Hackers also use this information for spear-phishing campaigns. After targeting a victim, a hacker using spear-phishing techniques will create an email carefully tailored to fool the target into downloading a malware-infected attachment or clicking on a link to a malicious website. After the victim does so, the hacker will be able to gain access to their computer. The OPM breach is especially devastating when viewed in this light. If a hacker targeted the right federal employee, then they could end up with a substantial amount of confidential government files.

How You Can Protect Your Data

The hackers behind these attacks have shown that they are capable of getting past high-level cyber security measures. These attacks should serve as a wake-up call to organizations throughout the world: you cannot be lax about your cyber security.

Check with your IT staff or service provider about the status of your cyber security efforts. You should be using comprehensive anti-malware and intrusion detection measures. Similarly, multi-factor authentication tools can keep your accounts secure, while access control tools can help you enforce your network security policies.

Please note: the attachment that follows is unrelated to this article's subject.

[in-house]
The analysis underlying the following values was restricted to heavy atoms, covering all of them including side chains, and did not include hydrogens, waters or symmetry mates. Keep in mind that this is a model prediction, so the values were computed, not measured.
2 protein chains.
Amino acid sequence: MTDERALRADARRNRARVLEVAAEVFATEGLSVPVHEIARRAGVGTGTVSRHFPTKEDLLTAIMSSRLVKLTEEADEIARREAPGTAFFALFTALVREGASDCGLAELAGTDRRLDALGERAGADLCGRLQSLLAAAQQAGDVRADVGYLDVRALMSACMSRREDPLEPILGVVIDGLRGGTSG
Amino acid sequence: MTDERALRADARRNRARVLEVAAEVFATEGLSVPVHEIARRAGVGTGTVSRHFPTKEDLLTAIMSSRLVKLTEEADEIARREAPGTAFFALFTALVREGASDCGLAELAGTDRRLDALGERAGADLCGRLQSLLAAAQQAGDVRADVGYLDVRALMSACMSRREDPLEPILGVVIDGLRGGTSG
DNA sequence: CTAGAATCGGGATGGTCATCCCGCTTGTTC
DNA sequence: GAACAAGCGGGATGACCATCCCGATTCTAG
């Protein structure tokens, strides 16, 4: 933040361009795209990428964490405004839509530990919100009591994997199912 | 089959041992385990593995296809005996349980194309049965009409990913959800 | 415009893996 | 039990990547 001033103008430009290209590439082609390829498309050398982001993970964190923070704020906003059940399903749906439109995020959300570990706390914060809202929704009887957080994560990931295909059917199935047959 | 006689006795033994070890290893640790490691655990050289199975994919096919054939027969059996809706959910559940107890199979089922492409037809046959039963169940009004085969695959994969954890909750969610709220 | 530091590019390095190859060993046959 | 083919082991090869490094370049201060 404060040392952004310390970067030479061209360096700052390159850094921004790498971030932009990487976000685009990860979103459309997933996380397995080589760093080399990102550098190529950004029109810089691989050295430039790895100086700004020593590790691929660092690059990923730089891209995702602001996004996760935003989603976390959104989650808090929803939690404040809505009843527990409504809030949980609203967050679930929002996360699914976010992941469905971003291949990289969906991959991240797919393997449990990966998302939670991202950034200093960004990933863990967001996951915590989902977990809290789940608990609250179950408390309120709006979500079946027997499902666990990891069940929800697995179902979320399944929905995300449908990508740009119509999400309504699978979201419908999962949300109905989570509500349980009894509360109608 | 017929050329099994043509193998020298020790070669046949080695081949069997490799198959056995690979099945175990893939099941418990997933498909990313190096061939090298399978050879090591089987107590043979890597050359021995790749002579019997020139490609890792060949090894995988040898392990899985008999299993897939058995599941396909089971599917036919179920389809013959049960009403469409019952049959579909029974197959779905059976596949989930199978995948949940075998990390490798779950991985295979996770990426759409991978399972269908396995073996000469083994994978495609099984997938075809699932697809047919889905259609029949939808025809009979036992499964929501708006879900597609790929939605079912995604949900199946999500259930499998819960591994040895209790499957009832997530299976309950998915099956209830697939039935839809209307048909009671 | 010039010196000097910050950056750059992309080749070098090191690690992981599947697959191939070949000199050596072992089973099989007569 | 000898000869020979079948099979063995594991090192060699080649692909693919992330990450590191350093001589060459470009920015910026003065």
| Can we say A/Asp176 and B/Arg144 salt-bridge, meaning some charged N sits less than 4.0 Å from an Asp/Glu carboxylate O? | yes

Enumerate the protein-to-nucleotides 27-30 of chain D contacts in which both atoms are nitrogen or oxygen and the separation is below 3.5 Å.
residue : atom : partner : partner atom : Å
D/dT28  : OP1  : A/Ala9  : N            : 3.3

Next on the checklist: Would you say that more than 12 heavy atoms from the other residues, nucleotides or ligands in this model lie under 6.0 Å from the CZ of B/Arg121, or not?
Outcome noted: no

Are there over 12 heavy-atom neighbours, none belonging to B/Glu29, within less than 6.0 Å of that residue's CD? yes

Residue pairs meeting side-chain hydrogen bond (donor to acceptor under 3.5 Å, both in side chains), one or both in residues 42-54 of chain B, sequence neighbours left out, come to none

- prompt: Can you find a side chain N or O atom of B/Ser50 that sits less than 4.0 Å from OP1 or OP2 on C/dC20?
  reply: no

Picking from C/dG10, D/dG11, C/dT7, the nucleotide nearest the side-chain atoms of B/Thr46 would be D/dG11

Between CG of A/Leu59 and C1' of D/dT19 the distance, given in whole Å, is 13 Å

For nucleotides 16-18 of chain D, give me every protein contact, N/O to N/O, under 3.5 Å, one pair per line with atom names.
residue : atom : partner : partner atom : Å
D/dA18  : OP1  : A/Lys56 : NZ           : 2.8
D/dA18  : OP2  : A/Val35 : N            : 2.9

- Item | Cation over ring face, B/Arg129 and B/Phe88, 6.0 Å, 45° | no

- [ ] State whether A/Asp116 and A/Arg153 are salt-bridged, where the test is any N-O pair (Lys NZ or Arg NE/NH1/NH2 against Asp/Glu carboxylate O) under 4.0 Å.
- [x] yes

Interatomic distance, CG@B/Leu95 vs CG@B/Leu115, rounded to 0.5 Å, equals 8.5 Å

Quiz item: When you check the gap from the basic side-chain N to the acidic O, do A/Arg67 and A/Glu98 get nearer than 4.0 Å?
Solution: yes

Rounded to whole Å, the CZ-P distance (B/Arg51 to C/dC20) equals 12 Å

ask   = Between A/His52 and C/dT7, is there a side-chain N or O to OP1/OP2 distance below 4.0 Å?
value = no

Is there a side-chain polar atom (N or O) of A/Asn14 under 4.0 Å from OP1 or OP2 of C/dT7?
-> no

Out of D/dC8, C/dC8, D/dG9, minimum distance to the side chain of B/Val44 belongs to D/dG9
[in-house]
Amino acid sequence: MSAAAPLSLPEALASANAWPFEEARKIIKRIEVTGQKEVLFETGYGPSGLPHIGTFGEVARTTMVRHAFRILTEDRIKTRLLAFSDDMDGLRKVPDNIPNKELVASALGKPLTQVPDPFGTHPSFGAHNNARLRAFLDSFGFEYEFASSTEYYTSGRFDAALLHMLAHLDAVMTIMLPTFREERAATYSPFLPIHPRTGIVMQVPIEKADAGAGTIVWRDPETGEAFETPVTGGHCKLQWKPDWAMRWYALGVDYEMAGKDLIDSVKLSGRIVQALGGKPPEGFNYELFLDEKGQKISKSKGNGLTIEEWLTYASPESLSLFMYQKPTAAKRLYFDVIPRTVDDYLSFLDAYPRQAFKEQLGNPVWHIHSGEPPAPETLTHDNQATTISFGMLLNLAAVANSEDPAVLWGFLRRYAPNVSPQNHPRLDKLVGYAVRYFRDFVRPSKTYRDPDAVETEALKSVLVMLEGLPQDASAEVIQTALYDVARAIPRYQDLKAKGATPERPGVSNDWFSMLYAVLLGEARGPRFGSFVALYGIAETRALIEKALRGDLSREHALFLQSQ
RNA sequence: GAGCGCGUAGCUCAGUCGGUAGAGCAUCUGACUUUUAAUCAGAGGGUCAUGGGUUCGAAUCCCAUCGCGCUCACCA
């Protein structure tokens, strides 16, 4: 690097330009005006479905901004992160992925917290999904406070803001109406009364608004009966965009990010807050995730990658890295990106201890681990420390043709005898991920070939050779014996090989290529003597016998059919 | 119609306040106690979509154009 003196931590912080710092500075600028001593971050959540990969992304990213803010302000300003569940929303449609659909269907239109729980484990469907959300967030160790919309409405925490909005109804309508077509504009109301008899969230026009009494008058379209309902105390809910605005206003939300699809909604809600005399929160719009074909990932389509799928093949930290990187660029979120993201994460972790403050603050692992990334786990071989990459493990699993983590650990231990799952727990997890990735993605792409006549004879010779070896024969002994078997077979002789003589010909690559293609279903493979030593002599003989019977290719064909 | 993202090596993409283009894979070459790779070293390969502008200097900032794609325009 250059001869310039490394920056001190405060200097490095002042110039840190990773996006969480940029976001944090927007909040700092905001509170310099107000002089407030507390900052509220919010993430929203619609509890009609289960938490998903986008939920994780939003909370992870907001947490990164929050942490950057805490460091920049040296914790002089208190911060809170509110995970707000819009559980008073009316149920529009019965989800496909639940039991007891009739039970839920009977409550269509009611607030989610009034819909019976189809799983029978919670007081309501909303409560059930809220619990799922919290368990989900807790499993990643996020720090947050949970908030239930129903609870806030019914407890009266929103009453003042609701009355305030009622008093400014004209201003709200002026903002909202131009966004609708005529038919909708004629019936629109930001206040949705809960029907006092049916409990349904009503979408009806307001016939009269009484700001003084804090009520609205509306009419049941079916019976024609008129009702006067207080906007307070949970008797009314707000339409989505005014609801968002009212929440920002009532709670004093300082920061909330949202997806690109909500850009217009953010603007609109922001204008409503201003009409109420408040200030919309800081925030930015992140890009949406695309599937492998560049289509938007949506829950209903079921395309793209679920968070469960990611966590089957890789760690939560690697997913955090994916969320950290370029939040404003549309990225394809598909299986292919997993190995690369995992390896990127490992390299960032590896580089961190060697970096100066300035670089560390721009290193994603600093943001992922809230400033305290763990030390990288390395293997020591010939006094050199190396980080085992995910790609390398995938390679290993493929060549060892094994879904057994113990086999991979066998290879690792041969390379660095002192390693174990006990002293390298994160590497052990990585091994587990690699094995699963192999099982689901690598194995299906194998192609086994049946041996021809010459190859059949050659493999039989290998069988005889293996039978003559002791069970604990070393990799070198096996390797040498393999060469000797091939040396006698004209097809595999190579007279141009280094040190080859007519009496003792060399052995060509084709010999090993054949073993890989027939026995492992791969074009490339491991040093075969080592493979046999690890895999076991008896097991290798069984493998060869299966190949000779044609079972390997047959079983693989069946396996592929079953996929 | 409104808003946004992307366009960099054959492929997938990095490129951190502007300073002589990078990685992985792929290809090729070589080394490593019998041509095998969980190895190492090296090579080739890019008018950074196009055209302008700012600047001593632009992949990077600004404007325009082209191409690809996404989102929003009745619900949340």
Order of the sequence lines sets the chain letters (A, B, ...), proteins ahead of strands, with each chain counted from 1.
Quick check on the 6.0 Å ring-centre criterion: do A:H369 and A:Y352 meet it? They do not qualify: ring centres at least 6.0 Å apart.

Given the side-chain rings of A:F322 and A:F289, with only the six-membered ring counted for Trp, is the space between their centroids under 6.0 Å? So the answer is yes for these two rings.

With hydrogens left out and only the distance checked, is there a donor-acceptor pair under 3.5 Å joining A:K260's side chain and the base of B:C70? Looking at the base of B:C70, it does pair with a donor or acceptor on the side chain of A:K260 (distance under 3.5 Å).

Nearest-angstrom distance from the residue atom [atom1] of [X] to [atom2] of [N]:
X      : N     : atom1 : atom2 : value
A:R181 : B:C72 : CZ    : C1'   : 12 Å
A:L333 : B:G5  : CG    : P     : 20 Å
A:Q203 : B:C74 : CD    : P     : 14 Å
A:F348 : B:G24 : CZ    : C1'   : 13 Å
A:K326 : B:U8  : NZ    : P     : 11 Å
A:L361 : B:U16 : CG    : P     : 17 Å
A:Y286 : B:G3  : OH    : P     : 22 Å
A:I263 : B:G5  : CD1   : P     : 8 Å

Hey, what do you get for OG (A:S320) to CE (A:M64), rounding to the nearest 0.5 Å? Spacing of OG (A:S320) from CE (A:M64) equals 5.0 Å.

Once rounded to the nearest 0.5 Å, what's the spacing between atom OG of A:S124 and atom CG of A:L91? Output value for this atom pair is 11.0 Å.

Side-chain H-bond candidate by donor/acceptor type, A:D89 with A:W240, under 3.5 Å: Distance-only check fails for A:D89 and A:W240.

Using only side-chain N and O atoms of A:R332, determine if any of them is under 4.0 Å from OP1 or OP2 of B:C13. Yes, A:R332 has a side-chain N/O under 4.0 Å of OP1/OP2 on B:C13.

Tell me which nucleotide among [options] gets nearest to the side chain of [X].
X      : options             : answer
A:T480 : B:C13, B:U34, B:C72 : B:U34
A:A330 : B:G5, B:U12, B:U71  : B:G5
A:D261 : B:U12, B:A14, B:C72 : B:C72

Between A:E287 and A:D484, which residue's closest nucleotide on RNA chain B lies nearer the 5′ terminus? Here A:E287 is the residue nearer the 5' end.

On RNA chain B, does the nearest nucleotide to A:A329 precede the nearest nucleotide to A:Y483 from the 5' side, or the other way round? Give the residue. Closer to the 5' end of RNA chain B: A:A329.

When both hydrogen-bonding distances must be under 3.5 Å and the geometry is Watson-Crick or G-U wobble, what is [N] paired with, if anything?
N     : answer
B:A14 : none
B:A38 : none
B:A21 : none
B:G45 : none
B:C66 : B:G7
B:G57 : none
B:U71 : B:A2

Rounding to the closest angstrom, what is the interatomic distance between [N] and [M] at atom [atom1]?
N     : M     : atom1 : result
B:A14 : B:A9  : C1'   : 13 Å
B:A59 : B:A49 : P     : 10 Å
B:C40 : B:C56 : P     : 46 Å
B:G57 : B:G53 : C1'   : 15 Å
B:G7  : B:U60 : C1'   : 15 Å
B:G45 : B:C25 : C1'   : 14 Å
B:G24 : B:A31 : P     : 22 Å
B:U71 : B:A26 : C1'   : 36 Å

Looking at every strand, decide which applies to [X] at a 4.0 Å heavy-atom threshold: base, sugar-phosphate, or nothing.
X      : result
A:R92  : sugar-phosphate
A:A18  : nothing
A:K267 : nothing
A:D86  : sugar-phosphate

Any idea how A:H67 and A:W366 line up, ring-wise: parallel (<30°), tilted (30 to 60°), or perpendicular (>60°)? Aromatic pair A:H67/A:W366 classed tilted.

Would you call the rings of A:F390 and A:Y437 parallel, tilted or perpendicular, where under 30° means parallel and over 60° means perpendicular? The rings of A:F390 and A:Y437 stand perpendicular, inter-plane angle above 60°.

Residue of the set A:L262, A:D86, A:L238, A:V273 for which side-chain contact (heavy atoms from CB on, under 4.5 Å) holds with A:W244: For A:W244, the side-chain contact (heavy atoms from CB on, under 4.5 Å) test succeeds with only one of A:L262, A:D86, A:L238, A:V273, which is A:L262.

A solid cyber security strategy also calls for contingency planning. In order to prepare for the worst, you'll need a data backup plan. Frequently creating backup copies of your databases means that an attack won't leave you without a large amount of your files. By the same token, documenting a detailed disaster recovery plan ensures that your employees will always know what to do when reacting to a data breach.

With the help of experienced IT professionals, you can improve every facet of your cyber security efforts. When protecting your data, these partnerships can make all the difference.